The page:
Alcohol consumption dropped in the UK at the sharpest rate for 60 years, according to industry figures yesterday.
The British Beer and Pub Association (BBPA) said drinkers drank 8.4 litres of wine, beer and spirits in 2009, six per cent lower than 2008. It stressed Britons were now consuming 13 per cent less alcohol than in 2004, with consumption remaining below the EU average.
Last year’s fall, the sharpest since 1948, brings consumption back into line with the 8.4 litres of alcohol drunk in 2000. After the Millennium consumption rose for four years, peaking at 9.5 litres in 2004.
During the past decade, consumption of beer has fallen from 4 to 3.2 litres, down 22 per cent cent, while wine has risen from 2.1 to 2.7 litres, up 29 per cent,
The statistics suggest the average adult consumed half a bottle of alcopops, 1.4 pints of cider, 5.6 pints of beer, 3.8 bottles of wine and 1.7 litre bottles of spirits last year. Consumption has now fallen for three years in a row, according to the BBPA
"These figures will confound many pundits as yet again they confirm that as a nation we are not drinking more,” said chief executive Brigid Simmonds. “Those who suggest otherwise need to focus on the hard facts.”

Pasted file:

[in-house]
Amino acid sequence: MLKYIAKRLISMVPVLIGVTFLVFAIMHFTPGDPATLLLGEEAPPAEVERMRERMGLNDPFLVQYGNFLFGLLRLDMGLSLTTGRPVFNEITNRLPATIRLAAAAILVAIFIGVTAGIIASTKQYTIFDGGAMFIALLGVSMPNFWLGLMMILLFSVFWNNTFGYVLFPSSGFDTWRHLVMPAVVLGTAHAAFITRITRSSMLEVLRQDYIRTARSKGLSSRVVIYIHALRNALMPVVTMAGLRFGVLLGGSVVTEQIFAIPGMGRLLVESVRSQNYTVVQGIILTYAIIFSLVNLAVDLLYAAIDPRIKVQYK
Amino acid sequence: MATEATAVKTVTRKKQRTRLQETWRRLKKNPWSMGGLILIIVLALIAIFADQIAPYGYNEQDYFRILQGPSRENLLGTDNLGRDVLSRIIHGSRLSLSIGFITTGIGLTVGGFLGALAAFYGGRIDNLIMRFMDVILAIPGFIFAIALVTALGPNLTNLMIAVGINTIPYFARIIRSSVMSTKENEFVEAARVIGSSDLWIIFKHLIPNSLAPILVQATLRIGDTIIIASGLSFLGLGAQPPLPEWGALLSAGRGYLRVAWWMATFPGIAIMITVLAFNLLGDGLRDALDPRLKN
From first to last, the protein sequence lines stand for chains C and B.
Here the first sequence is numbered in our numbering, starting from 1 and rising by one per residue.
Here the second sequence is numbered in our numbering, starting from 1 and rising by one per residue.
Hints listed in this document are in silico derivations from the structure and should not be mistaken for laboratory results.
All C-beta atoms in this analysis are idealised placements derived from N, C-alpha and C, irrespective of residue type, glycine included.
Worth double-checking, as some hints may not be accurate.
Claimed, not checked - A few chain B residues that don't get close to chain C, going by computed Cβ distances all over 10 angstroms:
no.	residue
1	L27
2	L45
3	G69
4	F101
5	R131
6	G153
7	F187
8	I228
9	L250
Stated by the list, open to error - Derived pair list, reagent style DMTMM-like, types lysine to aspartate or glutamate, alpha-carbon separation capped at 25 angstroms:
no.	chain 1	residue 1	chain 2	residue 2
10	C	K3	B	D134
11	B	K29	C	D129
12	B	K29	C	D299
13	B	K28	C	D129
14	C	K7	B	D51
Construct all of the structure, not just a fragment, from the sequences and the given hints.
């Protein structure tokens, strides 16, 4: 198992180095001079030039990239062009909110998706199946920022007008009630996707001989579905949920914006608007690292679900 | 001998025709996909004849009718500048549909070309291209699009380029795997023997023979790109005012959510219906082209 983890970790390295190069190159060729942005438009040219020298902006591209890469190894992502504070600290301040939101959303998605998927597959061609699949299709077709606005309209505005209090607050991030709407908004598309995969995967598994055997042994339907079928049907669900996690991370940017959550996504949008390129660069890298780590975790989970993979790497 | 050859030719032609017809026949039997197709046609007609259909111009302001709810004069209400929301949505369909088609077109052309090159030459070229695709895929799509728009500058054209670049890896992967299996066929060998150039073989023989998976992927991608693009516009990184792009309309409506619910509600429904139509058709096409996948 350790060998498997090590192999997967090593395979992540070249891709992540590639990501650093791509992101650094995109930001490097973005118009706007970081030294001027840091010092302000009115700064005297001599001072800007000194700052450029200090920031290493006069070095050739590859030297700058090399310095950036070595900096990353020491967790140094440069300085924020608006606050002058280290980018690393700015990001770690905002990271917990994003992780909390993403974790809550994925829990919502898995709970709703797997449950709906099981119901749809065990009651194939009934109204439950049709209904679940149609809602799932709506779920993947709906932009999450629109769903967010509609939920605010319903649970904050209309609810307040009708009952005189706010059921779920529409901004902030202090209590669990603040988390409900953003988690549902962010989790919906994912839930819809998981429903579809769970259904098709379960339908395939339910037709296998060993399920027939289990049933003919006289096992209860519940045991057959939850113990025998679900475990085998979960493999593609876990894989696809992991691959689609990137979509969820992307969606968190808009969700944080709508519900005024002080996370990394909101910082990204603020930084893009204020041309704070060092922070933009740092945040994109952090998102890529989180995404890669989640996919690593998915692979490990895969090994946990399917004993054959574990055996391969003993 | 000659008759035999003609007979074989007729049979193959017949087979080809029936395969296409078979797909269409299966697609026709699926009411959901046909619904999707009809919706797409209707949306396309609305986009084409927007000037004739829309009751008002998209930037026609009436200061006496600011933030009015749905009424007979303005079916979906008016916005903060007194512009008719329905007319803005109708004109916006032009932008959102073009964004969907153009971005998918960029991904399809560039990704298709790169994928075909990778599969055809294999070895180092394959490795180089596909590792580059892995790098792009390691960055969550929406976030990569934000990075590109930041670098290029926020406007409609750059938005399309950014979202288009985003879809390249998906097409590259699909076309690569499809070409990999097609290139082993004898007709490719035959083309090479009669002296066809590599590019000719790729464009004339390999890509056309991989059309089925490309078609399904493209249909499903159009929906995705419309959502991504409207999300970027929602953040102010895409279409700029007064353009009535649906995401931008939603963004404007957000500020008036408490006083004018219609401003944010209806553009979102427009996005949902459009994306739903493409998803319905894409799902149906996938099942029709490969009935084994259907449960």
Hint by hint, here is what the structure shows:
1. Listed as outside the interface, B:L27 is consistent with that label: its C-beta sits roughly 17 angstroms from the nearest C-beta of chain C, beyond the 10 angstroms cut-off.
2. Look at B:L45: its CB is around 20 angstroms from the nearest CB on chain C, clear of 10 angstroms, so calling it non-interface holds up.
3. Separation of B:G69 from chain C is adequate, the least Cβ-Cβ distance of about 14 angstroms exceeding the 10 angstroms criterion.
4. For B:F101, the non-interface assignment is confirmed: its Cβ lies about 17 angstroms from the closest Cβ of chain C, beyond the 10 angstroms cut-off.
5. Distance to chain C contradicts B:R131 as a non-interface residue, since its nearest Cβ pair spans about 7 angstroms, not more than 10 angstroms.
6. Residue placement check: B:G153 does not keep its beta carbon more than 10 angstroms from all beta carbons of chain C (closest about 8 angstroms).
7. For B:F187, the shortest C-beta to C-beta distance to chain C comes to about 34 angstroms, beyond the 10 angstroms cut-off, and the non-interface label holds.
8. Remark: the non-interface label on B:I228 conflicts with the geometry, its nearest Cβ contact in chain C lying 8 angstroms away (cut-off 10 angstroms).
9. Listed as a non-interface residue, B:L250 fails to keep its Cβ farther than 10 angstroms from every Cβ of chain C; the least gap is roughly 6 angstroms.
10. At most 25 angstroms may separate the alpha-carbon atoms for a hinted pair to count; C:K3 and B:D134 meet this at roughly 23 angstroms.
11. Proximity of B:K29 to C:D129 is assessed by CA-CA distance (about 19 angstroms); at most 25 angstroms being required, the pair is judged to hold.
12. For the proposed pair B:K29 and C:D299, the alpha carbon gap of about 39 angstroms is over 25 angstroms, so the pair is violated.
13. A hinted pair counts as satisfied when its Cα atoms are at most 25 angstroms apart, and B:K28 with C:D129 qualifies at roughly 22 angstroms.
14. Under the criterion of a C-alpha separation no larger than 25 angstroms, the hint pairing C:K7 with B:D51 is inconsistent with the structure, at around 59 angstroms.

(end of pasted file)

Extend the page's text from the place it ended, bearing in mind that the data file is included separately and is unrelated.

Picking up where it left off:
The figures ignore the rising strength of alcohol, amid higher sales of premium Continental lager and stronger wine, but they accord with a slow decline in drinking recorded by surveys which ask people to record what they have drunk.
In January, the Office for National Statistics said that adults consumed 12.2 units of alcohol a week on average in 2008 compared with 13.5 units in 2006. “This reflects the downward trend in consumption that has been observed since 2002,” the ONS said.
“Nonetheless, 21 per cent of men and 14 per cent of women drank heavily – more than eight and six units respectively – on at least one day in the week before interview.”
Deaths from alcohol, blamed on binge drinking, are also rising.
Yesterday the Scottish Executive announced its proposed minimum price for alcohol would be set at 45p per unit. That would increase a two-litre bottle of supermarket cider from £1.30 to £3.80 and supermarket-brand vodka from £8 to £11.80.
Nicola Sturgeon, the Scottish Health Secretary, said: “I believe it is crucial that we introduce realistic alcohol pricing. That’s why we are taking decisive action, including proposals to introduce a minimum price per unit, which would bring these pocket-money prices to an end.”
While plans for minimum pricing form a key part of the Scottish Government’s efforts to tackle alcohol abuse, the minority SNP lacks the necessary support to get the measure through Holyrood, with Labour, the Tories and the Liberal Democrats all opposed.
The BBPA, which represents big brewers and pub chains, said UK beer taxes were the second highest in the EU, 10 times higher than Germany and seven times higher than France.Reuse content